Value-added tax and its implications in Angola economy
By Arnaldo Vieira
Angola has pushed back the controversial introduction of a 14 per cent consumer tax on goods and services after its social partners demanded better preparation for it.
Angola signed an understanding with the International Monetary Fund (IMF) for introduction of the Value Added Tax in exchange for budget support last month.
Angola's recourse to consumer taxes is the latest signal that the good times are over for consumers in Africa's oil-supported economies as government's seek to diversify revenues in the face of low crude prices.
The gradual withdrawal of benefits under the welfare economy has already caused upheavals in Egypt and is the key grievance in the unfolding protests in Sudan where post-Omar al Bashir military leaders are resisting a return to civilian rule.
Last week, Angola passed a revised budget factoring in VAT proceeds from this month but after a meeting with the country's economic commission on Wednesday, the implementation was pushed to October 1.
President Joao Lourenco said two days later that Angola would rely on other revenue measures for now.
"We were humble enough to hear opinions of an important section of our society, private businesses. This gives us time to prepare better for VAT introduction," President Lourenco said on TPA, the state-owned broadcaster.
Angola's economy has experienced slow growth since oil prices, which account for 80 per cent of government revenue, nosedived together with other commodity prices from 2008.
Oil also accounts for half of the country's economy and 95 per cent of exports but its production fell to the lowest level last year.
Angolan businesses have cautiously welcomed the delay in introducing the tax which they think is one bad idea, at least until 2020
"It is a tax for organised economies not our own, we still need to formalise our economy then implement VAT,” said Carlos Cunha, a businessman
Jose Severino, the head of the Angolan Industrial Association (AIA), said the government should ensure VAT does not worsen living conditions.
The Treasury said the government faced tough options in seeing through its programmes should VAT not be introduced.
"Some programmes will not be carried out by the government. The solution will be to run deeper into debt or to cut on expenditure, ” the secretary for finance and Treasury Vera Daves said last week.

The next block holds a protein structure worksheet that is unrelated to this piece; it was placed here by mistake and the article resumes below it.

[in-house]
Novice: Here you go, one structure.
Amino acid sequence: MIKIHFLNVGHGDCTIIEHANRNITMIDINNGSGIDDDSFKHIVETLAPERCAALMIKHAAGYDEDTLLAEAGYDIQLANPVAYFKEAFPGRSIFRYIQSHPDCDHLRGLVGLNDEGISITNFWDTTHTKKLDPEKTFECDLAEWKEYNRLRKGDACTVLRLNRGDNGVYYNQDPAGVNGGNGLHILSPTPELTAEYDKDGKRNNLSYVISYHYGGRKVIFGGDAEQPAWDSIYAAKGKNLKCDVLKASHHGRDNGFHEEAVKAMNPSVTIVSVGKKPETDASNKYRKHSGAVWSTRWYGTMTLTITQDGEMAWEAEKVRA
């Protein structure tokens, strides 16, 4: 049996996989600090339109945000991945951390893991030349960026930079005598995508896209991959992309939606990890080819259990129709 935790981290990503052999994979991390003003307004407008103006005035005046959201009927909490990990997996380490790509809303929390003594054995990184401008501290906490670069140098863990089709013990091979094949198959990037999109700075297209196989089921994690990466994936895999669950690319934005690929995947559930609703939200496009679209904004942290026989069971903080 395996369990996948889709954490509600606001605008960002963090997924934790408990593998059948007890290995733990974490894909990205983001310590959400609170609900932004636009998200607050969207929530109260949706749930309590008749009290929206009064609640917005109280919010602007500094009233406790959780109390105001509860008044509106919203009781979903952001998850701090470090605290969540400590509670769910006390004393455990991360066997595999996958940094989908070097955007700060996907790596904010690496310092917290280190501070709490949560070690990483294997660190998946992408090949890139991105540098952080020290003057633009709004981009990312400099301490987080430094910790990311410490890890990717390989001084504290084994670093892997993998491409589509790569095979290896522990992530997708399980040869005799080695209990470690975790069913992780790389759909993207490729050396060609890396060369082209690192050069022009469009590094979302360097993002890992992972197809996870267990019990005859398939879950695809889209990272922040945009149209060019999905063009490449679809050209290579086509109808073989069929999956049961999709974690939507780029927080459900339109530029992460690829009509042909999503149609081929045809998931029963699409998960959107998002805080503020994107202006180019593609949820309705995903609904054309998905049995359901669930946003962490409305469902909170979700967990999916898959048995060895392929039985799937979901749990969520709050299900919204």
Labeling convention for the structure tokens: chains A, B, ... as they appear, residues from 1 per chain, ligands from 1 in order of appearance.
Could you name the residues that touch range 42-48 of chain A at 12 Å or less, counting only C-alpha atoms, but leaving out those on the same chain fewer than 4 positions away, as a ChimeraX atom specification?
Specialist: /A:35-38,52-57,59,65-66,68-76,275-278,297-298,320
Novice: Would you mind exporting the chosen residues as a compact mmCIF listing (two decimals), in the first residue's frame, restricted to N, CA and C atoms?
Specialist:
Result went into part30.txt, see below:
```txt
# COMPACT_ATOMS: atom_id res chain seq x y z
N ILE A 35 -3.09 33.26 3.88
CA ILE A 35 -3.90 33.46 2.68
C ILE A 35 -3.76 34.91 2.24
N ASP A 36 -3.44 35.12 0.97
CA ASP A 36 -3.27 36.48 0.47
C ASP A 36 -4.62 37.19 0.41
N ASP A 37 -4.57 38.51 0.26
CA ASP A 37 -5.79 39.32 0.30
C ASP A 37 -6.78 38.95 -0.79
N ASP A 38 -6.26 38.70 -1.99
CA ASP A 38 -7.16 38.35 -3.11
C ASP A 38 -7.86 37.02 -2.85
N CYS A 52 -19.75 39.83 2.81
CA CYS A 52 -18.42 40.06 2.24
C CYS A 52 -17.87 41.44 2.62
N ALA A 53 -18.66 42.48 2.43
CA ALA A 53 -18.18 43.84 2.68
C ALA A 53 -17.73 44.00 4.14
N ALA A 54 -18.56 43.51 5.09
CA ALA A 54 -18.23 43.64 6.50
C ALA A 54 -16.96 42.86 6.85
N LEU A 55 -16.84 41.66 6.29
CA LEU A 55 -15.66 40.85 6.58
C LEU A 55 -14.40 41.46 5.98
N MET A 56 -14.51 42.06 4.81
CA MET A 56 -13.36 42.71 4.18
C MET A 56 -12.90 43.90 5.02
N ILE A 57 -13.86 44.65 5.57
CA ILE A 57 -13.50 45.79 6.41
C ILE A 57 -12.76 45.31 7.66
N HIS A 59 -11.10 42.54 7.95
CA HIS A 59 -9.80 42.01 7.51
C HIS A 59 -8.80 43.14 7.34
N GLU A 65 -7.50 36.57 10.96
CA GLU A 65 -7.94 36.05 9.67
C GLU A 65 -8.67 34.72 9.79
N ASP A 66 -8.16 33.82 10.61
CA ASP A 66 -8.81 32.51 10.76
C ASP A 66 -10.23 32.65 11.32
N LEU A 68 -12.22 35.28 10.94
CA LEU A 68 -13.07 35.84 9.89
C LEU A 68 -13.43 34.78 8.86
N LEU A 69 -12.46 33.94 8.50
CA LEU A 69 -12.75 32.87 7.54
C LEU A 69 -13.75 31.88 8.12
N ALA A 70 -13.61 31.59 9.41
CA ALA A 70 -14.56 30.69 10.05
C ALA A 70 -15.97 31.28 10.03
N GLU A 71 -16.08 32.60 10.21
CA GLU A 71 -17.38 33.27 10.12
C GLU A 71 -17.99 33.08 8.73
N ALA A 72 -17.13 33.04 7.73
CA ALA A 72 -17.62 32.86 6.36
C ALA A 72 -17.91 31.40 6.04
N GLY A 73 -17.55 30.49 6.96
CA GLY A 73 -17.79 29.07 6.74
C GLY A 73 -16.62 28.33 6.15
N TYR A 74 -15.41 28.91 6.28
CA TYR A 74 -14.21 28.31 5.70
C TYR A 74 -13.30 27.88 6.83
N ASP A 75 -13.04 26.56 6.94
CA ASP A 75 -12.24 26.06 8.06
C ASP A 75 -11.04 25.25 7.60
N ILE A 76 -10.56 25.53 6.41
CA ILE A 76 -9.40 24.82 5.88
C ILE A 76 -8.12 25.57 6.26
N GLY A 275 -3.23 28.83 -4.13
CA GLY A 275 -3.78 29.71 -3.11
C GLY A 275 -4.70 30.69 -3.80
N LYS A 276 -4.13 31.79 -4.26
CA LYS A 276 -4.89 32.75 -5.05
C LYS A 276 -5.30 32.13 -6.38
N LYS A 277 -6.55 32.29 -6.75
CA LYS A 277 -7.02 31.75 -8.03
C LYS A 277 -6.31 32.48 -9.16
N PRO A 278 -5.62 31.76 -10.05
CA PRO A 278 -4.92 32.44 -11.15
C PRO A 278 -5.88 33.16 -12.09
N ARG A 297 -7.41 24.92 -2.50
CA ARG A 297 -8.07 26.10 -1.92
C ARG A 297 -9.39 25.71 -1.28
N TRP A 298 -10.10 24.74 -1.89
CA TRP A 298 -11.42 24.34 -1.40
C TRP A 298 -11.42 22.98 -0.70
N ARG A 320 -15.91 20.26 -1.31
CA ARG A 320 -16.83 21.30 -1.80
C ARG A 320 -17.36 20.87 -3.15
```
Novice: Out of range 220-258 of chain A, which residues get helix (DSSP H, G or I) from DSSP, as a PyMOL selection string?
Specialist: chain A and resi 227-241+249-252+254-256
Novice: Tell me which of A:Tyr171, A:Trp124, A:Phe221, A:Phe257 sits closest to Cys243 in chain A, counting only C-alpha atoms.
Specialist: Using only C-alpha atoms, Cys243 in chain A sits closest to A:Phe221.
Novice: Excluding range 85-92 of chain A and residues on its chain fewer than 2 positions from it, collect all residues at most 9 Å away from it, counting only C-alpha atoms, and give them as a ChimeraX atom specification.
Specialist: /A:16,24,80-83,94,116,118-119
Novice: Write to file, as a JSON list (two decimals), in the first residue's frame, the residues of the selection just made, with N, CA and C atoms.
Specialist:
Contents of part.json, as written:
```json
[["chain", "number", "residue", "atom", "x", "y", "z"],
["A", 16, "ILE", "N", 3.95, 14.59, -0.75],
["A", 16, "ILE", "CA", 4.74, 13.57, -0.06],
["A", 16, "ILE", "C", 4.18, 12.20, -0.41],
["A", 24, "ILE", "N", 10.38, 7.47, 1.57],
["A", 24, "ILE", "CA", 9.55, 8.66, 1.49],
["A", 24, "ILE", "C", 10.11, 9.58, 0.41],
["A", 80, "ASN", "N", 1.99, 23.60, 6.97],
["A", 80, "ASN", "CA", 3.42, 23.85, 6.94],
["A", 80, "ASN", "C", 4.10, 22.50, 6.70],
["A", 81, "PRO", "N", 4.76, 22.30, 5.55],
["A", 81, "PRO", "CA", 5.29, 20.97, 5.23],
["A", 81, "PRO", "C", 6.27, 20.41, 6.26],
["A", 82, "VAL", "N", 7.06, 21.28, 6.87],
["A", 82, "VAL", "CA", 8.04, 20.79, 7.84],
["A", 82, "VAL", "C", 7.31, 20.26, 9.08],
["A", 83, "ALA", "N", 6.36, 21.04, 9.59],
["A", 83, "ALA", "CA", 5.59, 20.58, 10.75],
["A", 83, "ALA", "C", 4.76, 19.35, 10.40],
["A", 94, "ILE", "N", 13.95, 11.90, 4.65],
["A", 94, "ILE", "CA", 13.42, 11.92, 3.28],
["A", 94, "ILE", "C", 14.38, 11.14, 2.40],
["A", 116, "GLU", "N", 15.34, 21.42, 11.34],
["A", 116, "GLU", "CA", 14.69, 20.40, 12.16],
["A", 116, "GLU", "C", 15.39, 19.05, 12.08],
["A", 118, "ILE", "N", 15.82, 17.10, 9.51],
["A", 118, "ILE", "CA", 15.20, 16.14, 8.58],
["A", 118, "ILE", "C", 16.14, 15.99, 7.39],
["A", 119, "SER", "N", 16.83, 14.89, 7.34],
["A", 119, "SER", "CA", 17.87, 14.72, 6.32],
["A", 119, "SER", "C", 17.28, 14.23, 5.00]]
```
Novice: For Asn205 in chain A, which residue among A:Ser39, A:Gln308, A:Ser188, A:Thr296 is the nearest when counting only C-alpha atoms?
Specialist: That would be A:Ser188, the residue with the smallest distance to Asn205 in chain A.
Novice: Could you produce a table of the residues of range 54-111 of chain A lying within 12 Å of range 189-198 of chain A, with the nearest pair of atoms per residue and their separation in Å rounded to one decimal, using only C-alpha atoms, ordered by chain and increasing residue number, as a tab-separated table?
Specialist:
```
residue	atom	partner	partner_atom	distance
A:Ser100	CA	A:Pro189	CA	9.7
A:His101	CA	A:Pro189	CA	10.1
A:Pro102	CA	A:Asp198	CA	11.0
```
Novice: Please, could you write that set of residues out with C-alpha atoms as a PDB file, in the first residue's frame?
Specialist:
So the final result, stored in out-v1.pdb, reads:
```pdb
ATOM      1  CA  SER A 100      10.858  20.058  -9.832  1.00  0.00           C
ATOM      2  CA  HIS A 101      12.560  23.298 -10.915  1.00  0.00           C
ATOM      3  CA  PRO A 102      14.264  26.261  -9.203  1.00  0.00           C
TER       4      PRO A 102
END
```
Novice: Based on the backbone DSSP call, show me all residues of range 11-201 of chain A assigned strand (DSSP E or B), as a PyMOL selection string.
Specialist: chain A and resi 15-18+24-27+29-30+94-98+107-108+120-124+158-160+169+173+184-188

During its first phase 421 large taxpayers, mostly firms in the oil sector, milling and mobile phone operators will act as agents to collect the tax from 40,000 taxpayers.
That means petroleum products, mobile phone services and bread, the genesis of the upheavals in Egypt and Sudan, will become more expensive by 14 per cent.
The main opposition party UNITA said there were no adequate preparations, including training of personnel.
“Why are we rushing?” UNITA, Vice President Mr Raúl Danda said, a question also raised by Casa-Ce MP Manuel Fernandes.
Firms are yet to be informed of the accounting system that will be used and frequent power outages are also raising questions of consistency in computing for the tax.
“If the state is in a hurry to go to citizens’ pockets then it has to do things well for its success,” Mr Fernandes said.
During the ruling MPLA extraordinary congress President Loureço defended the tax saying it had been adopted by most market economies.
“The tax incidence will be only 14 per cent. VAT will be implemented gradually and in phases depending on a firm's capacity," he said in an event skipped by former President Eduardo dos Santos allies.
Introduction of VAT and moves towards a balance budget are two of the preconditions set by the IMF for Angola, which is increasingly aid dependent, to receive $248 million in budget and programme support.
It is meant to help Angola adopt a private sector led diversification from oil and minerals for economic growth and to cushion the currency, Kwanza, which is trading at 340 units to the dollar.
The General Tax Administration expects VAT collections to reach $733 million this year, meaning the loss for the three months will be $183 million.
From next year, businesses with a turnover of more than $250,000 will be eligible to pay the tax.
Angola is the last of the South African Development Community members to introduce VAT which is higher than 14 per cent in other countries.